Texas Living

A History of Texas Agriculture

By Peter Simek 5.4.20

The land has always been central to Texas’ identity. The opportunity to cultivate new land first attracted the settlers who would eventually launch the Texas Revolution. The opening of the cattle trails would transform Texas into one of the biggest cattle producers in the world and instill the image of the cowboy in the world’s imagination.

In many ways, the history of Texas’ growth is the history of agriculture. Here’s how it all began, along with some of the changes that helped shape Texas agriculture into what it is today.

Smithsonian Institution National Anthropological Archives

Precolonial and Spanish Texas

Texas’ geography is vast and rugged, its climate severe and unpredictable. Before European settlers, most of the peoples who lived in what we now call Texas were hunters and gatherers — nomadic tribes who lived off the abundant herds of wild buffalo or foraged for game and wild edible plants, fruits, and berries.

There were a few agriculturally based societies of indigenous Texans. The Caddo Indians in East Texas, for example, lived in villages and cultivated corn, beans, and squash.

The arrival of Spanish settlers and missions began to change the way Texas’ inhabitants interacted with the land. The Spanish introduced livestock — particularly cattle, sheep, goats, and hogs. Mission settlements were not merely ways to spread Spanish political influence and the Spanish Catholic faith into Texas; they also brought new ideas about how to cultivate crops and raise livestock, including the introduction of irrigation ditches. But the impact of Spanish settlers was limited because most of the state was still dominated by Comanche and Apache tribes, which contained the Spanish foothold in Texas.

Early Texas

Like so many Americans who moved westward across the continent in the 19th century, the first Anglo settlers were drawn to Texas by the promise of abundant land. Newly independent Mexico offered land grants to anyone interested in cultivating its large and sparsely inhabited northern region. Stephen F. Austin led 300 families from the U.S. who settled and introduced a slave-based cotton-plantation system, essentially using the new land in Texas to extend the agricultural practices of the American south. In addition to new plantations, the early Texans expanded livestock cultivation and established small working farms.

After the Texas Revolution, the cultivation of the state evolved quickly. Cattle drives were established, bringing cattle to market in New Orleans and Fort Smith, Arkansas. Cotton production expanded, particularly in the South-Central region around the Brazos, Colorado, and Trinity river basins. And new immigrants — particularly Germans and Czechs — established smaller, subsistence farms.

Cowboys and King Cotton

After the Civil War, Texas’ cotton plantations transitioned from slave labor to tenant farmers, though for many, the transition didn’t mark a significant change in their living situation. While, theoretically, the tenant farmers received a share of the proceeds of the crop for their labor, the system often left farmers indebted to landowners and effectively tied to the land. Cotton became Texas’ major cash crop, and the expansion of the railroads helped expand the state’s reach to markets for the crop.

In addition, commercial farms began producing wheat, rice, sorghum, hay, and dairy in the latter half of the 19th century.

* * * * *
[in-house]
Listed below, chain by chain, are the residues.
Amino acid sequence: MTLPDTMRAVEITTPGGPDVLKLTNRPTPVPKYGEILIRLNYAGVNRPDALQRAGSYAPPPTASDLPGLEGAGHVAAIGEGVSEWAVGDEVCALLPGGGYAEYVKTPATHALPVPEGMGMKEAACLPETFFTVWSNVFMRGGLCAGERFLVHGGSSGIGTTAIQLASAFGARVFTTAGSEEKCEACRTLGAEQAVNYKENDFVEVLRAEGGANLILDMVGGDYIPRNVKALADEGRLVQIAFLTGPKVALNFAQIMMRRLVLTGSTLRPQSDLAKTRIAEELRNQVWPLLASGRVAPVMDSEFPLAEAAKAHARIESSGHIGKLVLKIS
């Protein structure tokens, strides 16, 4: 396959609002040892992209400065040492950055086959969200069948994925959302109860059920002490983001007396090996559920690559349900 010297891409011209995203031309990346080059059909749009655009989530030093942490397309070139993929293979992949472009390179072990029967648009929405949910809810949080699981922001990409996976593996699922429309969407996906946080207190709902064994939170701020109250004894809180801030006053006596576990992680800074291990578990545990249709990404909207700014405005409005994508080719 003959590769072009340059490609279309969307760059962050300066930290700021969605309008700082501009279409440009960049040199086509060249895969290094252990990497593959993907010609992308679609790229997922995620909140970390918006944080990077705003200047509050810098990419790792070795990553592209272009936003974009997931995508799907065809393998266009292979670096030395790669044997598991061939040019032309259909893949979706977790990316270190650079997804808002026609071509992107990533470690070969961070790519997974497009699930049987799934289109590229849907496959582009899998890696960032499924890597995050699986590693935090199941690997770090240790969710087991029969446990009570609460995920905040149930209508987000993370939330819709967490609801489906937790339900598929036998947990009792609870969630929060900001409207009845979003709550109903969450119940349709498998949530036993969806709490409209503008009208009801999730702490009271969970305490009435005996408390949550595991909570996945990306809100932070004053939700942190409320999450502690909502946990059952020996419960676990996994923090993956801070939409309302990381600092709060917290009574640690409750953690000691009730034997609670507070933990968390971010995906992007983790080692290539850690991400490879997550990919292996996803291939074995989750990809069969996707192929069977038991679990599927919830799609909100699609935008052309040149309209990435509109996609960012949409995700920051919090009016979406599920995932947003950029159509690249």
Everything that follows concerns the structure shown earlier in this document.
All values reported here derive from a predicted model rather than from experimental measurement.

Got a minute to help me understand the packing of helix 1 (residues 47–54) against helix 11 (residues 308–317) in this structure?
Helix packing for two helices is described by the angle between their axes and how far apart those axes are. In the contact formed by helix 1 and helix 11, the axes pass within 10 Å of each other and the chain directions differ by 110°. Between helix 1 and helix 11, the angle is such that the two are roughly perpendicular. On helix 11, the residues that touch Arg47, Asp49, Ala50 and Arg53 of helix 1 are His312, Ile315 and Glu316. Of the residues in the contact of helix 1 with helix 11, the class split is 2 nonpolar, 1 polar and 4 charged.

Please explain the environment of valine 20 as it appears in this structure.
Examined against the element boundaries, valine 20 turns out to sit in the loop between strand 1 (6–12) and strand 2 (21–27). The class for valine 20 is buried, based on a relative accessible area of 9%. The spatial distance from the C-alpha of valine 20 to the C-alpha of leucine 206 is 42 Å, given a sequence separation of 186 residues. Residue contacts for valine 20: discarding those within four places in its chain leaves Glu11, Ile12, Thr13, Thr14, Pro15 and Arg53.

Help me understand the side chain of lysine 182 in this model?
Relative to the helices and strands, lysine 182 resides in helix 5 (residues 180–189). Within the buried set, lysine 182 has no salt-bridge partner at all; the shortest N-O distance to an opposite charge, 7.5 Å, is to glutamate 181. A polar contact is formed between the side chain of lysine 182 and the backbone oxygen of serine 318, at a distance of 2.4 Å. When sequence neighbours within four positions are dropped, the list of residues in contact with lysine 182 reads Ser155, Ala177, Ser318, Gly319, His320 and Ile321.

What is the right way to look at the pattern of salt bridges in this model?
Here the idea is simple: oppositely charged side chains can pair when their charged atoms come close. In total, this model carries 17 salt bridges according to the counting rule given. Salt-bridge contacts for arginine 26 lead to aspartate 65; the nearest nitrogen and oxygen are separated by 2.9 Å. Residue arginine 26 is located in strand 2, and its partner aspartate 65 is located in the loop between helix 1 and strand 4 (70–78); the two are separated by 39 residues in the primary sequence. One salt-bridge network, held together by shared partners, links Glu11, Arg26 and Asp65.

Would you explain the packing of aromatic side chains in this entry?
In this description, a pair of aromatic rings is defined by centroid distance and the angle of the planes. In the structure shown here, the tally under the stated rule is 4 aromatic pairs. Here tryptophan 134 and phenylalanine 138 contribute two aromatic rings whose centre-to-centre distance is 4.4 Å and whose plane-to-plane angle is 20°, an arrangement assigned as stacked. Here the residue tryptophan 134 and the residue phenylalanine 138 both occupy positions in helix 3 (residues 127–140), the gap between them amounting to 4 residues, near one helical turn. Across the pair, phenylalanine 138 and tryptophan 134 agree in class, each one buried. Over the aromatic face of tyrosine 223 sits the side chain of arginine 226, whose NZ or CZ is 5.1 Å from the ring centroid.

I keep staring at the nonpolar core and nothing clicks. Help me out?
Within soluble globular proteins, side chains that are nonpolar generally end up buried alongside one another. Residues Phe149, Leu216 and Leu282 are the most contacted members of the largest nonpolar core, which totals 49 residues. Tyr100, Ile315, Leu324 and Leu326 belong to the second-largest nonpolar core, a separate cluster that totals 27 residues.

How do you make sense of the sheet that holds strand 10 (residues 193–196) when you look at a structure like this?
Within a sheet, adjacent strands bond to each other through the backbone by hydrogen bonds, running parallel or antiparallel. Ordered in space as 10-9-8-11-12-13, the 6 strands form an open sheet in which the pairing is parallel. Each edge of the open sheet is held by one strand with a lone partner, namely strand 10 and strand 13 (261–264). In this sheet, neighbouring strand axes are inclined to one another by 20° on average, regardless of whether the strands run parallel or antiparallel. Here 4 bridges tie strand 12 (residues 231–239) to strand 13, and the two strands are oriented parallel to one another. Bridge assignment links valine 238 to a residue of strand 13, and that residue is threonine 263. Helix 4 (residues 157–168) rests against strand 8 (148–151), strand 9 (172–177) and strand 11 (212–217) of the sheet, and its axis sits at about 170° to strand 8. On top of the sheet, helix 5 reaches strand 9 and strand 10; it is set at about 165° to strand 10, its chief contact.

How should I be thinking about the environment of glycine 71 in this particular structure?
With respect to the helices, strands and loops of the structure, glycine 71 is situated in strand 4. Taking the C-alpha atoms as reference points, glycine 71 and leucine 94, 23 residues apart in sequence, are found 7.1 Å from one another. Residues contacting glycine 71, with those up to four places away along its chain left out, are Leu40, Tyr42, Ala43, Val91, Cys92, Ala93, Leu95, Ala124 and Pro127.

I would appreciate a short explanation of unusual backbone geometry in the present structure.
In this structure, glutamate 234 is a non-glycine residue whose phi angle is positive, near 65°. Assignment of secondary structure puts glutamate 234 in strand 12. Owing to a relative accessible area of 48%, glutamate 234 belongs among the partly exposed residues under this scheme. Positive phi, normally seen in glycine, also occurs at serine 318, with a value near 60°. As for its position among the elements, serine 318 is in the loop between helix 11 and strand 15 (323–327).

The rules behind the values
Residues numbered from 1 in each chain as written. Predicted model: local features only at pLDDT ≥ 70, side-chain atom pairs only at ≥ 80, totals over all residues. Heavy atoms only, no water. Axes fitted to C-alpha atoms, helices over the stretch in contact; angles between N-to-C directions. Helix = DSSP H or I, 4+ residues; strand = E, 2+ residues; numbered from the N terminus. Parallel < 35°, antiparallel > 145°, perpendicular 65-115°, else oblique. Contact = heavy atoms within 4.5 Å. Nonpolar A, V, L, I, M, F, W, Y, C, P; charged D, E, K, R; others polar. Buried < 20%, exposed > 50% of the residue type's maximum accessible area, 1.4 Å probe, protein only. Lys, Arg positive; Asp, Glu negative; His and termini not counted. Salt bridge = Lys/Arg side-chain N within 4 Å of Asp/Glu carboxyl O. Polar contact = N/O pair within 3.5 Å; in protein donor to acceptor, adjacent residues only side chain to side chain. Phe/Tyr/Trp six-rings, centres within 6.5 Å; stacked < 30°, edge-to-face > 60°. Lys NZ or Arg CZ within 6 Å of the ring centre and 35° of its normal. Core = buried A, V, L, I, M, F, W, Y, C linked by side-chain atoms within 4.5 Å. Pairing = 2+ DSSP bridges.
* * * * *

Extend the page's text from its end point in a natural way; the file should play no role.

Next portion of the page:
But no innovation impacted late-19th-century Texas agriculture like the emergence of the cattle industry. After the Civil War, the Texas Rangers and the U.S. Army forced Comanche, Apache, and all other remaining tribes onto reservations, thus opening the vast expanse of Texas’ west for settlement and ranching. Legendary Texas ranchers like Charles Goodnight, William T. Waggoner, C. C. Slaughter, S. M. Swenson, and William D. and George T. Reynolds gobbled up huge tracts of land and opened new trails to drive cattle to market.


Into the Modern Age

The first step toward the modern era of Texas agriculture was taken in 1876, when Texas A&M University opened. The university would be pivotal in advancing the science and research around agricultural practices in the state.

The school’s first big impact came when scientists at A&M helped eradicate Texas fever, which had devastated the cattle industry. By the turn of the century, new approaches to agriculture drove an industry that was responding to the rapid growth of Texas cities and the need for food and other agricultural products to support them. Between 1900 and 1920, the amount of cultivated land in Texas grew from 15 to 25 million acres.

During this time, cotton production increased, as did corn and rice farming. The Rio Grande Valley evolved into a productive citrus region, as the river was harnessed to irrigate the arid land. The Panhandle and high plains also emerged as a productive cotton-growing region, as irrigation practices were extended to the region and scientists adopted varietals to withstand the harsh climate.

By the 1920s, the future of Texas agriculture had taken shape. Seventy percent of the state’s agricultural land was used for livestock, and nearly 20% of the land was used for growing crops, with cotton dominating.

Present Day

The geographical diversity of the state has allowed for successful production of a great range of crops — from tomatoes in South Texas to rice in the southeast to corn in the northern plains — that have helped sustain Texas as one of the great agricultural producers in the U.S.

Learn how our amazing Texas Farm Bureau members continue to innovate and bring Texas’ agricultural practices into the future.

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